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From "Bob Ionescu" <>
Subject Re: [users@httpd] Setting DirectoryIndex to a Location?
Date Mon, 12 Jan 2009 23:42:39 GMT
2009/1/12 Michael Ludwig <>:
> Bob Ionescu schrieb:
> Thanks. This helps a bit. But I still don't quite understand the
> meaning of "be applied" and "be evaluated" in this section. Does this
> refer to the merging,

Yes, merging of sections.

> so that late-comers override earlier directives?

In the described order (there can be exceptions when modules bypass
the directory and file walk). There's a merging within that sections,
too, of course (e.g. <Directoty /foo> overrides <Directory /> if the
first path segment is foo).

>> No, just the filename you gave in DirctoryIndex. It won't be served
>> due to your Handler setting but acts as a dummy for the requirement of
>> mod_dir (existing file).
> That's surprising. I would have expected the dummy file to be served.

You set a specific handler and unless all registered handlers are
saying "no, I don't take this request" the default handler isn't

> Given that an existing file has been found, why not serve it up straight
> away? Why continue looking for a handler when the file is found on disk,
> and *not* look for a handler when no file is found? Maybe that's just
> me, but I find this behaviour a little counter-intuitive. But hey, if it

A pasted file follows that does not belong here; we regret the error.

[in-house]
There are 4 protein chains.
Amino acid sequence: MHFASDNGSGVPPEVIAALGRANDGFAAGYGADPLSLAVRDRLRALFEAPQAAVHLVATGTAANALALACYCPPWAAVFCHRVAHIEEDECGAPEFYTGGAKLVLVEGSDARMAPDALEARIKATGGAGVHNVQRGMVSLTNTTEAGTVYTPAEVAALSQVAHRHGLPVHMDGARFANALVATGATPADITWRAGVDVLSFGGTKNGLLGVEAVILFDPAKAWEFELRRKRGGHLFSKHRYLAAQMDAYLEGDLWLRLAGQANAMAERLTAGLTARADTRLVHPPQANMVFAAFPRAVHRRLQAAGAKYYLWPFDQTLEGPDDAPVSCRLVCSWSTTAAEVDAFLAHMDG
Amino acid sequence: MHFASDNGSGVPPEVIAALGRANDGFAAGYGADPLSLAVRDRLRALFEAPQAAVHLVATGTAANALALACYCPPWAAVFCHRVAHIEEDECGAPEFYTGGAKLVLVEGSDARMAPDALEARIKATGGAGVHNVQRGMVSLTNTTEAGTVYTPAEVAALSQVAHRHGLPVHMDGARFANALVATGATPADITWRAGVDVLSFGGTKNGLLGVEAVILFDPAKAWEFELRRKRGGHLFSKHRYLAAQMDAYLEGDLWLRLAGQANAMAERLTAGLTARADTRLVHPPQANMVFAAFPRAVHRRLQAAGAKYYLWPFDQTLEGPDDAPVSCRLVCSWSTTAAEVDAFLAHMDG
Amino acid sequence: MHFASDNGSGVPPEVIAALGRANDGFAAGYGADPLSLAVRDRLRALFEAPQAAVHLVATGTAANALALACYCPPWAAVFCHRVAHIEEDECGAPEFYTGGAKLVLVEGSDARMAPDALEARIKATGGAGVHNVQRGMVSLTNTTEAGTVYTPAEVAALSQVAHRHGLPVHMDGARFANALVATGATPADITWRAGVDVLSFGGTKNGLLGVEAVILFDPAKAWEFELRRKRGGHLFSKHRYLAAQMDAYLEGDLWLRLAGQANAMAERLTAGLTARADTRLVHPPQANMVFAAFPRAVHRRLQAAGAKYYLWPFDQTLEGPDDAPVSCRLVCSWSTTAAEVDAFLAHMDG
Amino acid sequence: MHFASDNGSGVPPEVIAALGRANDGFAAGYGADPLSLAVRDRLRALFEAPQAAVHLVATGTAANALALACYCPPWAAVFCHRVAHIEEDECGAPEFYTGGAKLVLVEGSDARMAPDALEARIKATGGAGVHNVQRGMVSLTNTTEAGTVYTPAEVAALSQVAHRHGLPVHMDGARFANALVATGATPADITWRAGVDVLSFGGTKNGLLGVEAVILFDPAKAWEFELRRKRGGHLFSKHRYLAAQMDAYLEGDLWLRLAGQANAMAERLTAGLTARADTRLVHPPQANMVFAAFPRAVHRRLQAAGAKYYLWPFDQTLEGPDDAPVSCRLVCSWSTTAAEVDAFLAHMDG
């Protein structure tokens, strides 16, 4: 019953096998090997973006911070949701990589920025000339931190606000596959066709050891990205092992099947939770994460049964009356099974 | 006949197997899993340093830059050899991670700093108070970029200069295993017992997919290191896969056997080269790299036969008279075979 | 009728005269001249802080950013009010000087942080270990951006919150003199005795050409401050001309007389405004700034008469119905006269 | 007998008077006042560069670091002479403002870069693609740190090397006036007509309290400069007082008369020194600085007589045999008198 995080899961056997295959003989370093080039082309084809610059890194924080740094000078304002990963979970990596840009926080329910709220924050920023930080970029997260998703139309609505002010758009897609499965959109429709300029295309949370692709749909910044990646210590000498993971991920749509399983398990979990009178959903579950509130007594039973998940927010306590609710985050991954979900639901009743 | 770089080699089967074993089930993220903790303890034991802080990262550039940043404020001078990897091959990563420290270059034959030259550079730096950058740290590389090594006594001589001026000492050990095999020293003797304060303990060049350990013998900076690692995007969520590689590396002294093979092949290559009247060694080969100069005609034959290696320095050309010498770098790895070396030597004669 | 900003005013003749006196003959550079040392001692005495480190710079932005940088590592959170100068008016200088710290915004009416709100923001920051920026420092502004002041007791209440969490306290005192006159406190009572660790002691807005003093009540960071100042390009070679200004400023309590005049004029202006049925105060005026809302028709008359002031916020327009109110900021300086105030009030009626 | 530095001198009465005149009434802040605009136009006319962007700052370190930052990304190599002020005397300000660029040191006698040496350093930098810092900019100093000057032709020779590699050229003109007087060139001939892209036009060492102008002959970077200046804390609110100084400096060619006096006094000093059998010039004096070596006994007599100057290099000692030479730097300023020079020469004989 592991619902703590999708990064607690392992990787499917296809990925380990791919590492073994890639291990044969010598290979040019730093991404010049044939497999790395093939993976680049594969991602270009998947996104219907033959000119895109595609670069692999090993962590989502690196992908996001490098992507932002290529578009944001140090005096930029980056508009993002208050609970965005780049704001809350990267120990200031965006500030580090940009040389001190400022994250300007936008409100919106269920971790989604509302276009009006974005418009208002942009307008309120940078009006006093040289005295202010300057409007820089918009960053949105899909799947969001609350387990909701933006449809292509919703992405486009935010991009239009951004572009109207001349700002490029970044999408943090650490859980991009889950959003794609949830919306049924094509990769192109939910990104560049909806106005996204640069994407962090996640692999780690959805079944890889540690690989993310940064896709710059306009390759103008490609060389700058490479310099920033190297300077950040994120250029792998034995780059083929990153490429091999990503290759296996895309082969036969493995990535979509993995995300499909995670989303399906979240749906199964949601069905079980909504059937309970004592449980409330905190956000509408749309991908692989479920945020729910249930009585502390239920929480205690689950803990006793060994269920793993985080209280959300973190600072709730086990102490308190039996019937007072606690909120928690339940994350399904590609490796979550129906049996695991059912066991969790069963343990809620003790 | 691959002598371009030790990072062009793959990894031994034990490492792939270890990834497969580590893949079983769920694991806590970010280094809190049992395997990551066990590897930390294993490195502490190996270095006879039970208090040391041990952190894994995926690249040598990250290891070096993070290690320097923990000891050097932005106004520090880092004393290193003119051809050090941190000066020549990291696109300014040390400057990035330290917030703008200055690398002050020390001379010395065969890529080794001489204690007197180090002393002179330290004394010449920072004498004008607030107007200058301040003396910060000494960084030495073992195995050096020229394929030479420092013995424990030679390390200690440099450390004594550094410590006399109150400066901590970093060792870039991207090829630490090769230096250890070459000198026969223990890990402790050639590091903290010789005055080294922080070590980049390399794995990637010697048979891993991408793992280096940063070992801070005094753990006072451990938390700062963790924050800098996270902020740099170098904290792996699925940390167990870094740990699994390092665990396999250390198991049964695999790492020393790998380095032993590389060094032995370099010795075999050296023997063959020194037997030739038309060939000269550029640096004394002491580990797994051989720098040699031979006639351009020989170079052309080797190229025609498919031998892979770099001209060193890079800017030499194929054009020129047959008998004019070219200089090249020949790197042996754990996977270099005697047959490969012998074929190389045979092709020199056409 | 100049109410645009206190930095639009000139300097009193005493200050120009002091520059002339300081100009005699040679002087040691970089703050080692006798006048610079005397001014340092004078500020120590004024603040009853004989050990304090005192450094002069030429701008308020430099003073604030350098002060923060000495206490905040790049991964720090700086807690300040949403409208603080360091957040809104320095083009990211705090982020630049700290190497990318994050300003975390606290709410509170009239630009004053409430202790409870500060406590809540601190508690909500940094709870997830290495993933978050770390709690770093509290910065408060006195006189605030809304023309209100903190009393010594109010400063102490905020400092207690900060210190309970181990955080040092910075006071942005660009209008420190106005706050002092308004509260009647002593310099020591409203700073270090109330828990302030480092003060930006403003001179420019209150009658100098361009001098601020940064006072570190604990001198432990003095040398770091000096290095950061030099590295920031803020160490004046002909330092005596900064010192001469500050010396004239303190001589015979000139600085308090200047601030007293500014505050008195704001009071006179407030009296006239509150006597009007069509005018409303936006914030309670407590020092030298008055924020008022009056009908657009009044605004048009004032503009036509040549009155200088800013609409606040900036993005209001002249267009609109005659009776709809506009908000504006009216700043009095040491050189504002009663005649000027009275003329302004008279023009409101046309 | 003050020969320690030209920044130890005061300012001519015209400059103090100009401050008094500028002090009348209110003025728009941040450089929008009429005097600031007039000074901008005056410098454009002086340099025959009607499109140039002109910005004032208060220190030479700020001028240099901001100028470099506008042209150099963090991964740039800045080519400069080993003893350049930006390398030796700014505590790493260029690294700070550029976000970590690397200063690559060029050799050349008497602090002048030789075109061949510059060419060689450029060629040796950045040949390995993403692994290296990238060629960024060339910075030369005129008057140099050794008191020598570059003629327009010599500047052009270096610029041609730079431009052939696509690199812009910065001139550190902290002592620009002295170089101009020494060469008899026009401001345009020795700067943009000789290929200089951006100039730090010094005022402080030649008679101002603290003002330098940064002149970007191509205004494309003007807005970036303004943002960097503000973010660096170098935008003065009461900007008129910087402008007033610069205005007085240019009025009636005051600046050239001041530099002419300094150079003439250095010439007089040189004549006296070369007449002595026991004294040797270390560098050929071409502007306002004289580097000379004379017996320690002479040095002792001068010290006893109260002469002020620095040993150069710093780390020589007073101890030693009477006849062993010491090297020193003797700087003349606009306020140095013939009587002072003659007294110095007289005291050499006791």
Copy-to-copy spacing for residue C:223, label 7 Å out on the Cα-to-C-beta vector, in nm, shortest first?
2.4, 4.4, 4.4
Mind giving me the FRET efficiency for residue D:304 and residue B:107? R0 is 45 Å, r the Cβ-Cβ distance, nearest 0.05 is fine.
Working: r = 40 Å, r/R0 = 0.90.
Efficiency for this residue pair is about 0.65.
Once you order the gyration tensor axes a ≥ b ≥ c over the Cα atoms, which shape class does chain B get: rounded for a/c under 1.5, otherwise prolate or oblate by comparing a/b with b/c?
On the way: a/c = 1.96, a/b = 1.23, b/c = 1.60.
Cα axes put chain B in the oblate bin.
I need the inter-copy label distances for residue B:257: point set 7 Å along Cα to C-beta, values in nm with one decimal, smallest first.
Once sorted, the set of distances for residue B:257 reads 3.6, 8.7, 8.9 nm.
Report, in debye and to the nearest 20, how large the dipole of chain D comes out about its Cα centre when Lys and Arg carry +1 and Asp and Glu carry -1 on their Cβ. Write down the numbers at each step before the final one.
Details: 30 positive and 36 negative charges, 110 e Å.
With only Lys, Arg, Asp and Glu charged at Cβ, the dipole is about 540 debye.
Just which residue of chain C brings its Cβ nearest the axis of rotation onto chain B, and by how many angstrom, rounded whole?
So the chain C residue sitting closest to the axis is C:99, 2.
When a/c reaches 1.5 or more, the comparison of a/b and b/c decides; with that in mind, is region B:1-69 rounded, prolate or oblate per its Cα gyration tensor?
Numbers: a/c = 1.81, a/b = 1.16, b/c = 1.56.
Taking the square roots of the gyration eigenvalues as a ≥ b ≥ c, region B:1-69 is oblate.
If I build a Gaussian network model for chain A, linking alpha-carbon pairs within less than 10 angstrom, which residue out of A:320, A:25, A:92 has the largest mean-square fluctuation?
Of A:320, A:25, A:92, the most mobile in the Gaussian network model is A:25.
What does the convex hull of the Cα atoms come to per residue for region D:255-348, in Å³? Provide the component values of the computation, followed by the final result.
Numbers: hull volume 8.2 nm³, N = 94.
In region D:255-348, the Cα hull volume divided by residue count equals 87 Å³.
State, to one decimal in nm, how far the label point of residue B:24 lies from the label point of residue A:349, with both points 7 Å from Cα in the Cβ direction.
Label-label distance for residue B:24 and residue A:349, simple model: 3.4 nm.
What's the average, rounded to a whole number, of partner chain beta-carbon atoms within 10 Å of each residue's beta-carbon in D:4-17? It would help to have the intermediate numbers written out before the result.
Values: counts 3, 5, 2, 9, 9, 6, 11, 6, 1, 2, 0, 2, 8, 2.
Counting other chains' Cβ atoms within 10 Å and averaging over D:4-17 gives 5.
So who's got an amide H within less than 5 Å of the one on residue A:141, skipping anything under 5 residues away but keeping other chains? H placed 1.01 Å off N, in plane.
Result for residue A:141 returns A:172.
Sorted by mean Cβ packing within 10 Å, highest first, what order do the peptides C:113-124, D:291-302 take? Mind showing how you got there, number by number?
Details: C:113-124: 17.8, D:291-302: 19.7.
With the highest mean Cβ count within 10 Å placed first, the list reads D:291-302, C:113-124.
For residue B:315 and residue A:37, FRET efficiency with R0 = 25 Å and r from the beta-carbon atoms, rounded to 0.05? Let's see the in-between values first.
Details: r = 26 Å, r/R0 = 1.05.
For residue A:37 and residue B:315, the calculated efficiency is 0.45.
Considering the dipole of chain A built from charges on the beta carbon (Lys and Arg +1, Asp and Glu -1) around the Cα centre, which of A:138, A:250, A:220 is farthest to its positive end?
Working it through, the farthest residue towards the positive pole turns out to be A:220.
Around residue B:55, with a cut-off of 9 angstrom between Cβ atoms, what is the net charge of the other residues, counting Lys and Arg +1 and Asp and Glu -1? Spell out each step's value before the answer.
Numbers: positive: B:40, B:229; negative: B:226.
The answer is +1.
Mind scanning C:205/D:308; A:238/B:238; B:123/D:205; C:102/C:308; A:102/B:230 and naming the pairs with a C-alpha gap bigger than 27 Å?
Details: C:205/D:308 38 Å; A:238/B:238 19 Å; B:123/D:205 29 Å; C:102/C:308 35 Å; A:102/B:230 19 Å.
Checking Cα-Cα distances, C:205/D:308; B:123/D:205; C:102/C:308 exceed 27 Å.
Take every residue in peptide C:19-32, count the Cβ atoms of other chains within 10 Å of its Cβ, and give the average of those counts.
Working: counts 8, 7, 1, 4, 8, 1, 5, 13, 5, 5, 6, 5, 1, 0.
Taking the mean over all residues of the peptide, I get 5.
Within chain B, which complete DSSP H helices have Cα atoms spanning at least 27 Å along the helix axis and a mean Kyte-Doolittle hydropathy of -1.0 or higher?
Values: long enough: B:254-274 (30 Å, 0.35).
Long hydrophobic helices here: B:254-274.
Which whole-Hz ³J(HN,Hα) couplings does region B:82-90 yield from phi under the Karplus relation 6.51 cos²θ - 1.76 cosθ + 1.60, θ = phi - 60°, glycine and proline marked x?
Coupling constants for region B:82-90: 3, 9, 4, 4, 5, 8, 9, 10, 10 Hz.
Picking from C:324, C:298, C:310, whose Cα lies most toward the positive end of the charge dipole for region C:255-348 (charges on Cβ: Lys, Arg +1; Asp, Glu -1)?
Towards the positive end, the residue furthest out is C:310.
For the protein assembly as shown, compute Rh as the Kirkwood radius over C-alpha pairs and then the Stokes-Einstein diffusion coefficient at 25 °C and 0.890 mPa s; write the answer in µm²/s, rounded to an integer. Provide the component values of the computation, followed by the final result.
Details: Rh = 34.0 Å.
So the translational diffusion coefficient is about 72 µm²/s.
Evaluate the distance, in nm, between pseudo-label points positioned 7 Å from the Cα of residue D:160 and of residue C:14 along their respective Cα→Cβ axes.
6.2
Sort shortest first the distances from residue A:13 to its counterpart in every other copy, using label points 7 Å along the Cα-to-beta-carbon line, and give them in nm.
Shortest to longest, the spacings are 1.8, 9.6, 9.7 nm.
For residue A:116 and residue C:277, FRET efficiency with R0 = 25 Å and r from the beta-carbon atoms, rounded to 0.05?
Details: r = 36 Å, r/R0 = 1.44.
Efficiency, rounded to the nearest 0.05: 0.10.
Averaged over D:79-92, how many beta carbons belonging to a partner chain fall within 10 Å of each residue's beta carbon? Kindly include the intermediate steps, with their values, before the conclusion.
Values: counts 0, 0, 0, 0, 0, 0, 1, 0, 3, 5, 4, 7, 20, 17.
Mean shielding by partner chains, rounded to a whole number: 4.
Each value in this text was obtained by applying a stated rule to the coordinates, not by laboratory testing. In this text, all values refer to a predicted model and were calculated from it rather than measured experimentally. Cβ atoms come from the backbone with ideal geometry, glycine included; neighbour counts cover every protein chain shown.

> works.

That's a bit complicated to describe. Very briefly - Apache uses
hooks, e.g. those which perform uri-to-filename translation (mapping
the request to the filsystem), access check, auth check, fixup hook
and a handler hook to name a few. [1] should give you an idea how the
processing works. A module registers hooks for its functions. mod_dir
acts in the fixup hook phase only. A an uri-based subrequest will run
for /indexfile. If the subreq. returned OK and mod_dir's additional
check for an existing file passes, the results from the subrequest are
copied to the main request (basically). Everything else after
mod_dir's fixup hook will look at r->filename /path/to/indexfile and
r->uri /indexfile.
When the handler hook is reached, all registered handlers are
processed until one returned OK "I took it" (after processing). The
handler hook is a run_first hook, which means if one handler returned
OK the handlers after this one won't run anymore. The default handler
which should serve your plain html file runs very last in the handler
hook phase. If you set a handler and your handler takes the request,
the default handler isn't reached, i.e. the plain html file wouldn't
be served (assuming that your handler doesn't do that).



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